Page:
A big Christmas song will just remind you of burping turkey dinners and smiling faintly at 'whacky' gifts, a big summer anthem brings you right back to the very specifics of that one long summer you spent awkwardly snogging and grimacing through ciders in the park, or later discovering complete freedom and foreign medical services on your first big holiday with friends, or later again, sweating on your daily commute and going to a garden centre on your one bank holiday off (ah the wonders of adult life). No decent summer passes without that one track.  


Summer 2016 was conquered by Drake's 'One Dance', but while away in France myself and some friends uncovered an alternative -  Kungs vs Cookin' on 3 Burners 'This Girl'




It was our anthem and absolutely ours alone. The oh so sweet smugness of finding that obscure track you can casually gloat over back home 'Oh you haven't heard of it? I guess it's just a continental thing... you see I was travelling... and I am better than you.' 


We returned to the UK to discover that it was number 2 in the charts. And had been for the entire summer. Goddamit. 


I'm spending this summer in Ibiza and yet again had my little tastemaker ears primed.  We discovered a banger that is playing in every bar, cafe, and eardrum across the island. It's a little Spanish number called 'Despacito'. 





Which, it transpires, has been number 1 in the US and the UK for the past month. In fact it is topping charts in 57 countries. It has 1.8 billion views on YouTube. I fear I may not be the only one to stumble on this particular exotic gem.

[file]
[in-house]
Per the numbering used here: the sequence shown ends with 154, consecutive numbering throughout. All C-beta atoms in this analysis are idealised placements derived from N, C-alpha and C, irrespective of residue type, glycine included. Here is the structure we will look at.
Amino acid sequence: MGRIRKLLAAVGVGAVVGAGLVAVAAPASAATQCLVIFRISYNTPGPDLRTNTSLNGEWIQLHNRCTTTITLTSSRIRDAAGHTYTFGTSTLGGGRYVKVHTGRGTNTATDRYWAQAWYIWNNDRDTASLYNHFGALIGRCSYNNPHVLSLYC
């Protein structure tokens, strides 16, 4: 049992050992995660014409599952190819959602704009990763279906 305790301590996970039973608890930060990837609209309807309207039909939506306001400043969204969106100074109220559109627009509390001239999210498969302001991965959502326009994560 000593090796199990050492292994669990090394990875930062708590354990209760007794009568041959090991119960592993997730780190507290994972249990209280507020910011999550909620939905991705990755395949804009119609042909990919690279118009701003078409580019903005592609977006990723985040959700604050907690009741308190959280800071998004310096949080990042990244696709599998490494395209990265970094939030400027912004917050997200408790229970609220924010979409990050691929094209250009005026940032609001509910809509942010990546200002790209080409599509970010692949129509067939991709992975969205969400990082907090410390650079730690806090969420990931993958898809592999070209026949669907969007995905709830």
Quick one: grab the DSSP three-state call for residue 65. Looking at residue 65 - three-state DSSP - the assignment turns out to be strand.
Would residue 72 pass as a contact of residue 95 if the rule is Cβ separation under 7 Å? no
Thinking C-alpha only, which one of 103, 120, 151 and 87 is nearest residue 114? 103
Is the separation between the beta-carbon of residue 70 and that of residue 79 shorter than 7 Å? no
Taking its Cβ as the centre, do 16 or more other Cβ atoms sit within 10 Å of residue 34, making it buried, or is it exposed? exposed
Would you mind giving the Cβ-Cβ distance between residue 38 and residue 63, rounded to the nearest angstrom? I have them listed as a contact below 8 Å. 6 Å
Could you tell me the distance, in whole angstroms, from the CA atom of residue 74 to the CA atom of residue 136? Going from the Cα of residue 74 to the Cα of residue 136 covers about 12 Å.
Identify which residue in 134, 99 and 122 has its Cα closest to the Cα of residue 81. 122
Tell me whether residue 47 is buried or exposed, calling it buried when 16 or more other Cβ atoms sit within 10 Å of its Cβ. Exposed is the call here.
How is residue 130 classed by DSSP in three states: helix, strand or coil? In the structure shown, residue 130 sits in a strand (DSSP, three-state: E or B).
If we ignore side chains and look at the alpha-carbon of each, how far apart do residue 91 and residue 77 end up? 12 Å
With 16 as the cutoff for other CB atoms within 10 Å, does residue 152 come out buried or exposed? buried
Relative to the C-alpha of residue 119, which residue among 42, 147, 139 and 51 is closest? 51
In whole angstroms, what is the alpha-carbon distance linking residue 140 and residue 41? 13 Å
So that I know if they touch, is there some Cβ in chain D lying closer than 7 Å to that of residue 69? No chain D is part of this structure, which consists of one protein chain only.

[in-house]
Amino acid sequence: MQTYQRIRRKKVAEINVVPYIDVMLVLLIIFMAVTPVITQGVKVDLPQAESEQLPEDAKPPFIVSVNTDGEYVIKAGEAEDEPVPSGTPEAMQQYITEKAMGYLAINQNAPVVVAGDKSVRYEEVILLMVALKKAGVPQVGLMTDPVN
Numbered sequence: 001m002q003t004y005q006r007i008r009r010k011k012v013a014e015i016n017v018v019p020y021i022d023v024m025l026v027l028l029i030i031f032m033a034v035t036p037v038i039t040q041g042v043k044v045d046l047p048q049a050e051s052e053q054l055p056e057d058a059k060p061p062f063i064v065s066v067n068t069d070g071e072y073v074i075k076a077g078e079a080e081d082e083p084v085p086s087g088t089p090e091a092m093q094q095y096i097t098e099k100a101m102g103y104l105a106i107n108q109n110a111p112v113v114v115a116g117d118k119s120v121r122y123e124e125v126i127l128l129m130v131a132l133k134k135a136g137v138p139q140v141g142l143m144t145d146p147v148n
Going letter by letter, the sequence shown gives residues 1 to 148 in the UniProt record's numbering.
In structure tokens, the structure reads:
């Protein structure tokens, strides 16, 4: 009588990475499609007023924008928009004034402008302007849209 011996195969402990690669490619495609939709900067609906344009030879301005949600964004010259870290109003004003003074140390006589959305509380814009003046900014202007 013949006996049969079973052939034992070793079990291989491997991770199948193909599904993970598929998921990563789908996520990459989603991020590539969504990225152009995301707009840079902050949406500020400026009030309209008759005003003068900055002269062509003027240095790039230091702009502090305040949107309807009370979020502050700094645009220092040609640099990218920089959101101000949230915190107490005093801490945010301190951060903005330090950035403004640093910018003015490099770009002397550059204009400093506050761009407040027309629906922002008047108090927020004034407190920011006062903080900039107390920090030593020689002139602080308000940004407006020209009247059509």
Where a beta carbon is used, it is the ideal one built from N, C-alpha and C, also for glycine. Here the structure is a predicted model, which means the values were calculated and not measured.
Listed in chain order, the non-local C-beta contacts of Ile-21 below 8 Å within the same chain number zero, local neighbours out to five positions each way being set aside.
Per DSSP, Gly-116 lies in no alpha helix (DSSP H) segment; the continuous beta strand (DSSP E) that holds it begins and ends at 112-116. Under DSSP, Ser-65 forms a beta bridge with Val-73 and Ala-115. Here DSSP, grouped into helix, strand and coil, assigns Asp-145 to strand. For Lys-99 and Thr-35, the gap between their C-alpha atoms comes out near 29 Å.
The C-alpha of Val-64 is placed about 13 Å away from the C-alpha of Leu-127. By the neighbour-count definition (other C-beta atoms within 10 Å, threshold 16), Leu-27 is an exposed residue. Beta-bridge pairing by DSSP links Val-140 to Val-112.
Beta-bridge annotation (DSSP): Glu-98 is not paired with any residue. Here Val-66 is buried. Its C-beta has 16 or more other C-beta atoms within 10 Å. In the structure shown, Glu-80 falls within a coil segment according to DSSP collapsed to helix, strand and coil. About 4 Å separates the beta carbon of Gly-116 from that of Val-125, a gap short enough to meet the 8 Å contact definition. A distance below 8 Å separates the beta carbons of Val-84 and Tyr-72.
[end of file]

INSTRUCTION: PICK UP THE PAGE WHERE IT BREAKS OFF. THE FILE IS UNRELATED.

What links these two summer bangers? The majority of us trying to sing along have absolutely no idea what we're saying. 'This Girl' because it's muffled gibberish and Despacito because for us folk who aren't fluent in Spanish any attempt to join in involves trying to style it out with makey-up words like 'ta-ta-la-uriotto baba zinko rinko freeto!' 


Even Justin Bieber, who features on the track isn't quite sure what's going on, during a NY gig tried to get away with substituting with cries of 'Burrito!' and 'Doritos!' Good effort. 


The chorus actually means 'Slowly....I want to smell your neck slowly/Let me whisper things in your ear/So that you'll remember if you're not with me/SlowlyI want to undress you with my kisses, slowly/I sign the walls of your labyrinth/And make your whole body a manuscript."


Oh my. I need a lie down and a Cornetto after that. Sign the walls of your labryrinth? Personally I relate more to the burrito version. 





It is the first US number 1 in Spanish language in 21 years. So what was the previous one? Well it's a certain obscure little backwater of a track I personally uncovered. Check it out HERE 


What's your song of the summer? I'm on Twitter @theroryjohn

Saturday, May 20, 2017

The woman who remembers Southam Street

This afternoon I went to a photography exhibition of 1950s life on one west London street. Roger Mayne's pictures show grubby happy kids doing handstands, shrieking, playing, smoking, and looking warily at strangers.



A wiry old woman with an angular back kept trying to drum up conversation with tightly polite types. She asked 'You interested in Southham street then?' All she got in return were sympathetic smiles and flickers of panic. Eventually she gave it a go with me and found a willing audience. I was happy to prod her stories along with the occasional question (almost all of which were ignored).



'Course I grew up near Southam street...' she began, as though this were self evident. She told me of the 'squalid' street she was afraid to walk on, the only time she dared was when she had to go to the cinema and pass the sweet smell of the liquorice factory on the way.
'Course it's all gone now, it's under a tower'
'Course everyone treated each other the same in those days...'
'Course you've have twenty kids living in one house back then'
'Course it's getting worse again now, but I got something to look forward to..'